When leaving the die, the polymeric film is cooled in order to crystallize the polymer, and to make it more difficult to damage when handling. In case of a linear die, the cooling can be done by blowing air on the film, and by passing the film over a water-cooled cylinder. Once the film is cooled, it is cut at a desired width and then coiled. In case of a circular die, the film is cooled by air blown outside through an annular distribution system, and inside the film via blow extrusion.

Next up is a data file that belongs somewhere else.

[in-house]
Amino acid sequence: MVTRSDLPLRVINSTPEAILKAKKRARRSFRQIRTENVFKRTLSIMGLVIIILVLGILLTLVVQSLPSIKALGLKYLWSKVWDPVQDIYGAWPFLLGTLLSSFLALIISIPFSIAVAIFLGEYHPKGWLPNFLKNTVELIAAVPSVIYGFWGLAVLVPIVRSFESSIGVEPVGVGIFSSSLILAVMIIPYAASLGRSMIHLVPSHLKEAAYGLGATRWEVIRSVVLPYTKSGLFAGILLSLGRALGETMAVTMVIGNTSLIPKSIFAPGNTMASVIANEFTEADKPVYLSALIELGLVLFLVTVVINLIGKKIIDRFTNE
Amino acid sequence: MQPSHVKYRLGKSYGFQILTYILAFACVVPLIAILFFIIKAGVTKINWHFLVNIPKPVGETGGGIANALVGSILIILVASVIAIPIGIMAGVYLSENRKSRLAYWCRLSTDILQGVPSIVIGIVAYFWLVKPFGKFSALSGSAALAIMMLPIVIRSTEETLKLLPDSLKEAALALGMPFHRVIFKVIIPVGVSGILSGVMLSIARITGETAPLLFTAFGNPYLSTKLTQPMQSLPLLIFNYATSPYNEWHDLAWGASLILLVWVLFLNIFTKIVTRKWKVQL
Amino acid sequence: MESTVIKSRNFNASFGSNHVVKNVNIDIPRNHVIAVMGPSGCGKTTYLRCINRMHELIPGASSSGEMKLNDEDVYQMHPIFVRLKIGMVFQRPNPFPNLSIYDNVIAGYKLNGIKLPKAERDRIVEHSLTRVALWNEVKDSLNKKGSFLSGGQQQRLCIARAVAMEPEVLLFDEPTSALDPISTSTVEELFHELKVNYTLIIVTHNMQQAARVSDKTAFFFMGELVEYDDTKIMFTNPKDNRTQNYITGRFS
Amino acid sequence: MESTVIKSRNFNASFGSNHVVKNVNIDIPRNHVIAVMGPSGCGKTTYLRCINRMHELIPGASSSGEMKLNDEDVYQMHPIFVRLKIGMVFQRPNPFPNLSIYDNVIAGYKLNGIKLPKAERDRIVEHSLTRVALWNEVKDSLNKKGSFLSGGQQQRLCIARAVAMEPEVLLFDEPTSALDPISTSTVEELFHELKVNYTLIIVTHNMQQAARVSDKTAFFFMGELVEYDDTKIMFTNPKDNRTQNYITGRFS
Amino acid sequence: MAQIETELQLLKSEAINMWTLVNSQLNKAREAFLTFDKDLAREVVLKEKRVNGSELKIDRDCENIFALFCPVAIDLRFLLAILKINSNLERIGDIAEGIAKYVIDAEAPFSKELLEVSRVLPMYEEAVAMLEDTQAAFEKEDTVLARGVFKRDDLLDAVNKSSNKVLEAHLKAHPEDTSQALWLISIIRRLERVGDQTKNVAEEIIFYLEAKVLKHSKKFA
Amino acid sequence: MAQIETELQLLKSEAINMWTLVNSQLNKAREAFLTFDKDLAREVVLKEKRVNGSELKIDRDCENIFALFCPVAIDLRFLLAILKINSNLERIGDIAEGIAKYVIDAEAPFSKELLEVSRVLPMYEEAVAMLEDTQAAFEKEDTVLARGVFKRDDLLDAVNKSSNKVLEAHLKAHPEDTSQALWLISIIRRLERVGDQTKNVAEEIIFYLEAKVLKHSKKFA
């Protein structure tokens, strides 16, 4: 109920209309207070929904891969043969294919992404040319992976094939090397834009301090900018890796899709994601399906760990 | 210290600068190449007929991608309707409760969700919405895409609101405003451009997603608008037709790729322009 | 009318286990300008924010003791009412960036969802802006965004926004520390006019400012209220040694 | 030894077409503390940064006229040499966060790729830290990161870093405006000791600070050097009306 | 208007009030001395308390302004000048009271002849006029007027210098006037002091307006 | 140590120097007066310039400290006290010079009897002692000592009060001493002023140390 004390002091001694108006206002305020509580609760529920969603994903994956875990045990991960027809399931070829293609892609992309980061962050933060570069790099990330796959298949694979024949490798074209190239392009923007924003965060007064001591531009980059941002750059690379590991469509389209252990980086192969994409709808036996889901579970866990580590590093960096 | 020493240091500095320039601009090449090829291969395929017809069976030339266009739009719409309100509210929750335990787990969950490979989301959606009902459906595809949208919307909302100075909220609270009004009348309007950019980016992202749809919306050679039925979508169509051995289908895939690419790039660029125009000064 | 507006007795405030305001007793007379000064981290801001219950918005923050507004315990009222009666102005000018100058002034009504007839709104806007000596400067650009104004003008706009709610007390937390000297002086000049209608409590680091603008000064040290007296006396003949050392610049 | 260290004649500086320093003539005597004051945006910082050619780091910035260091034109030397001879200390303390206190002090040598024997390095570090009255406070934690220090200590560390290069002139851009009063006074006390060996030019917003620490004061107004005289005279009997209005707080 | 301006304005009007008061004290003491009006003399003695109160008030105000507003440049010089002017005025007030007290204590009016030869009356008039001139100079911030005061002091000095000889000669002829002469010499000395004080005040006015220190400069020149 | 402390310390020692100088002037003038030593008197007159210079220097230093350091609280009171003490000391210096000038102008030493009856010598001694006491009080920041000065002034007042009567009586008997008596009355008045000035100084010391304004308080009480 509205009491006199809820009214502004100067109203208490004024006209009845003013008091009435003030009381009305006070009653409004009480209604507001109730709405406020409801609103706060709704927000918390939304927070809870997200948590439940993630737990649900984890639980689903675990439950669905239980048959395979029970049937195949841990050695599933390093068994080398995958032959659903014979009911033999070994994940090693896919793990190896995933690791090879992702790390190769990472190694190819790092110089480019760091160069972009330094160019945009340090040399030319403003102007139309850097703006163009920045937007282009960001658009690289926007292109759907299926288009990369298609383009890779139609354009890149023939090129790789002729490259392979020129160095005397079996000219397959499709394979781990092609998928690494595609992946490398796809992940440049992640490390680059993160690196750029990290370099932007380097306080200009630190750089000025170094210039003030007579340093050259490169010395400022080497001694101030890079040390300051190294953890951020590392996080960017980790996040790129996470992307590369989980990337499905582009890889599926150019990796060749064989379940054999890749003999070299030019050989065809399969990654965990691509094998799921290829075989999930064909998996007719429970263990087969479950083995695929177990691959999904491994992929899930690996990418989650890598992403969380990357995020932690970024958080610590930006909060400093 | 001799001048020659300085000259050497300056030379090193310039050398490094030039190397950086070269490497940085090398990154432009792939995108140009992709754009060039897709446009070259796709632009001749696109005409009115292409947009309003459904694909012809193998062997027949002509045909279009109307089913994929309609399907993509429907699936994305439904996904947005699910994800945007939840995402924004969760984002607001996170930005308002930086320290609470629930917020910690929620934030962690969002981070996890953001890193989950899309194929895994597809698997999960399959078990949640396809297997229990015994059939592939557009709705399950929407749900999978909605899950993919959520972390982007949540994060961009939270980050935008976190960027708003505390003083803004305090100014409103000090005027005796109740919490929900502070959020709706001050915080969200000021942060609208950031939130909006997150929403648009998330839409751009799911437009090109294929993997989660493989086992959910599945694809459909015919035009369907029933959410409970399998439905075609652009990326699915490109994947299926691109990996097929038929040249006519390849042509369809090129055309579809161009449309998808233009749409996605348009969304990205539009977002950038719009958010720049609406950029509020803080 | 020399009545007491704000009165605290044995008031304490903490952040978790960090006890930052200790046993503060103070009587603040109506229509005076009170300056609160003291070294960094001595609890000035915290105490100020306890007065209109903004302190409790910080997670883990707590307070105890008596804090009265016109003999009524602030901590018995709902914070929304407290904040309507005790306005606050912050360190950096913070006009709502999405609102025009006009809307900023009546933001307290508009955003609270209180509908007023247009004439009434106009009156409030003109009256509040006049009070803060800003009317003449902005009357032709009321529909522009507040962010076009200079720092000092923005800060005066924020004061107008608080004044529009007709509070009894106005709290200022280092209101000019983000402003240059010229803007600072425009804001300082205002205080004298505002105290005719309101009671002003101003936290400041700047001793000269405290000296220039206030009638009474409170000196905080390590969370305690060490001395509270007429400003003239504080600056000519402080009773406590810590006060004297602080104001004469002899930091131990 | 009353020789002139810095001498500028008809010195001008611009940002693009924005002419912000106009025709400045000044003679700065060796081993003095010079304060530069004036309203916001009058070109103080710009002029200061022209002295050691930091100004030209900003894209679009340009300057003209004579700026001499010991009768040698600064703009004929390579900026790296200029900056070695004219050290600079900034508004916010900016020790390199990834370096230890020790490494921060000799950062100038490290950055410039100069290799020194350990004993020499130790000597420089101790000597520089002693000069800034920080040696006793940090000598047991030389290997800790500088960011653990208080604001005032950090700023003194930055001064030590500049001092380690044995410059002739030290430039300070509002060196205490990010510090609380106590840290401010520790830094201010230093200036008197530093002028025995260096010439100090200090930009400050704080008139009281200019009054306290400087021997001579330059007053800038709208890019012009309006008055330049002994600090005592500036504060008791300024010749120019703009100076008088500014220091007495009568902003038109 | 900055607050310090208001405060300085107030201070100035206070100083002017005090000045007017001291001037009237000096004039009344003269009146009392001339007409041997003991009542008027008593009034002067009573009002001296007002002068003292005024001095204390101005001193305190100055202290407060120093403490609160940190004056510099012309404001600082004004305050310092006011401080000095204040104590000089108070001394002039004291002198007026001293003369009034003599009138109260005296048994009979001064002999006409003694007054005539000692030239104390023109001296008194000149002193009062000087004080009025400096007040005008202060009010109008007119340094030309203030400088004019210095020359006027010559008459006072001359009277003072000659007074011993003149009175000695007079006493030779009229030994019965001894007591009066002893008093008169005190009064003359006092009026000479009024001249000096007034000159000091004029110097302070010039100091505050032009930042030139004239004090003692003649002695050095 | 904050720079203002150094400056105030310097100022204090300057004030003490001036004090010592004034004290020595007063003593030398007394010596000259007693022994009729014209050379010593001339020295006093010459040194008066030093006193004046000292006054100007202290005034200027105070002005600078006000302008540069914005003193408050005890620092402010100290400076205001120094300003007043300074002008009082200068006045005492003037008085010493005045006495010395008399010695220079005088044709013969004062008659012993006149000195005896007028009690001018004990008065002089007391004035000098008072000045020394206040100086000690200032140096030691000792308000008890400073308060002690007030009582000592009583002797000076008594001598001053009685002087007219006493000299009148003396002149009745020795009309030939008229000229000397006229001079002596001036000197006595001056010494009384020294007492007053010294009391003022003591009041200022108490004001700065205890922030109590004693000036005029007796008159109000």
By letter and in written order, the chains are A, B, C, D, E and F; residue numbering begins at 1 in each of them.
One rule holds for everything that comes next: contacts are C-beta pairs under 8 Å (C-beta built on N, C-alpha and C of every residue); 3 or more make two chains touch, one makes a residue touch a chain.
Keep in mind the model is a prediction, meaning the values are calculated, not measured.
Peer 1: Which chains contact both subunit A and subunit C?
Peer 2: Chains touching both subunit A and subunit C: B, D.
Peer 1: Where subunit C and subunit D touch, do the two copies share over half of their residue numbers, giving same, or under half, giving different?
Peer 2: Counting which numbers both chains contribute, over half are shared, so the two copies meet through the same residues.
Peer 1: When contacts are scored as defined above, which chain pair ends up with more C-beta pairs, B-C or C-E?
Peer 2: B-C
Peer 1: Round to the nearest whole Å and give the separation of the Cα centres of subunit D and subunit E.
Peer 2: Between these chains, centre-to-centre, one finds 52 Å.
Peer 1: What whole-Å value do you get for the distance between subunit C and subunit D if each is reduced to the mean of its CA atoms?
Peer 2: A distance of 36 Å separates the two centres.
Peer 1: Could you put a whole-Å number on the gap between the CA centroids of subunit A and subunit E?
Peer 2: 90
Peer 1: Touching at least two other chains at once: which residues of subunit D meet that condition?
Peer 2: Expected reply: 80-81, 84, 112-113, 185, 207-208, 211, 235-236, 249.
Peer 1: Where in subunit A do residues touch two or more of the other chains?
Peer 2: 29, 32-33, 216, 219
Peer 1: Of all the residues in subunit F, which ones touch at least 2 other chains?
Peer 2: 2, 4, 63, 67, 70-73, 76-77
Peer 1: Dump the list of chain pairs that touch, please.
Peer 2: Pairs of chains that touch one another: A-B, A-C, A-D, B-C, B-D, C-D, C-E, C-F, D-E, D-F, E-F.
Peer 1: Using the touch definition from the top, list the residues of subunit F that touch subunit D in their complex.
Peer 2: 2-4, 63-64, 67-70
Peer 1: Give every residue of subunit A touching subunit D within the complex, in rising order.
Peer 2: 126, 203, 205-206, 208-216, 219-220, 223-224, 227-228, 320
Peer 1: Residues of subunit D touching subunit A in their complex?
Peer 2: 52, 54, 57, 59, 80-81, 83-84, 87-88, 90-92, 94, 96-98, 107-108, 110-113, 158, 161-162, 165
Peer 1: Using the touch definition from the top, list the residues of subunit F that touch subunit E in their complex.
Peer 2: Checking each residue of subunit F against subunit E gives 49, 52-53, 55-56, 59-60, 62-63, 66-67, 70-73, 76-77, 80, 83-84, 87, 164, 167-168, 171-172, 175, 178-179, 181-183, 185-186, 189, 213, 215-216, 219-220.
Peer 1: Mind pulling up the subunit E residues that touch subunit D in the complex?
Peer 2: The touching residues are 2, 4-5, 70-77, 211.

Once the product is heated, physical (e.g., thermal decomposition) and chemical (e.g., oxidation and carbonization) phenomenon can create hard, black particles which either remain on the filter in the extruder or deposit on the outlet of the die. In both cases, the production process has to be stopped because, in the event the filter is clogged, the product no longer enters the extrusion die at the desired flow or (in case of deposits on the die exit) the produced film is damaged (e.g., unequal thickness) by the deposits. At a minimum, the deposit adheres to the die outlet, and causes detrimental and undesired effects on the quality of the film, including the formation of scratches, uneven thickness of the film, and decreased deformation of the film. During the shutdown, the extrusion installation has to be cleaned. The entire operation results in a loss of product and productivity. With the frequent shutdowns of the equipment, it may also result in further difficulties for producing larger coils of films.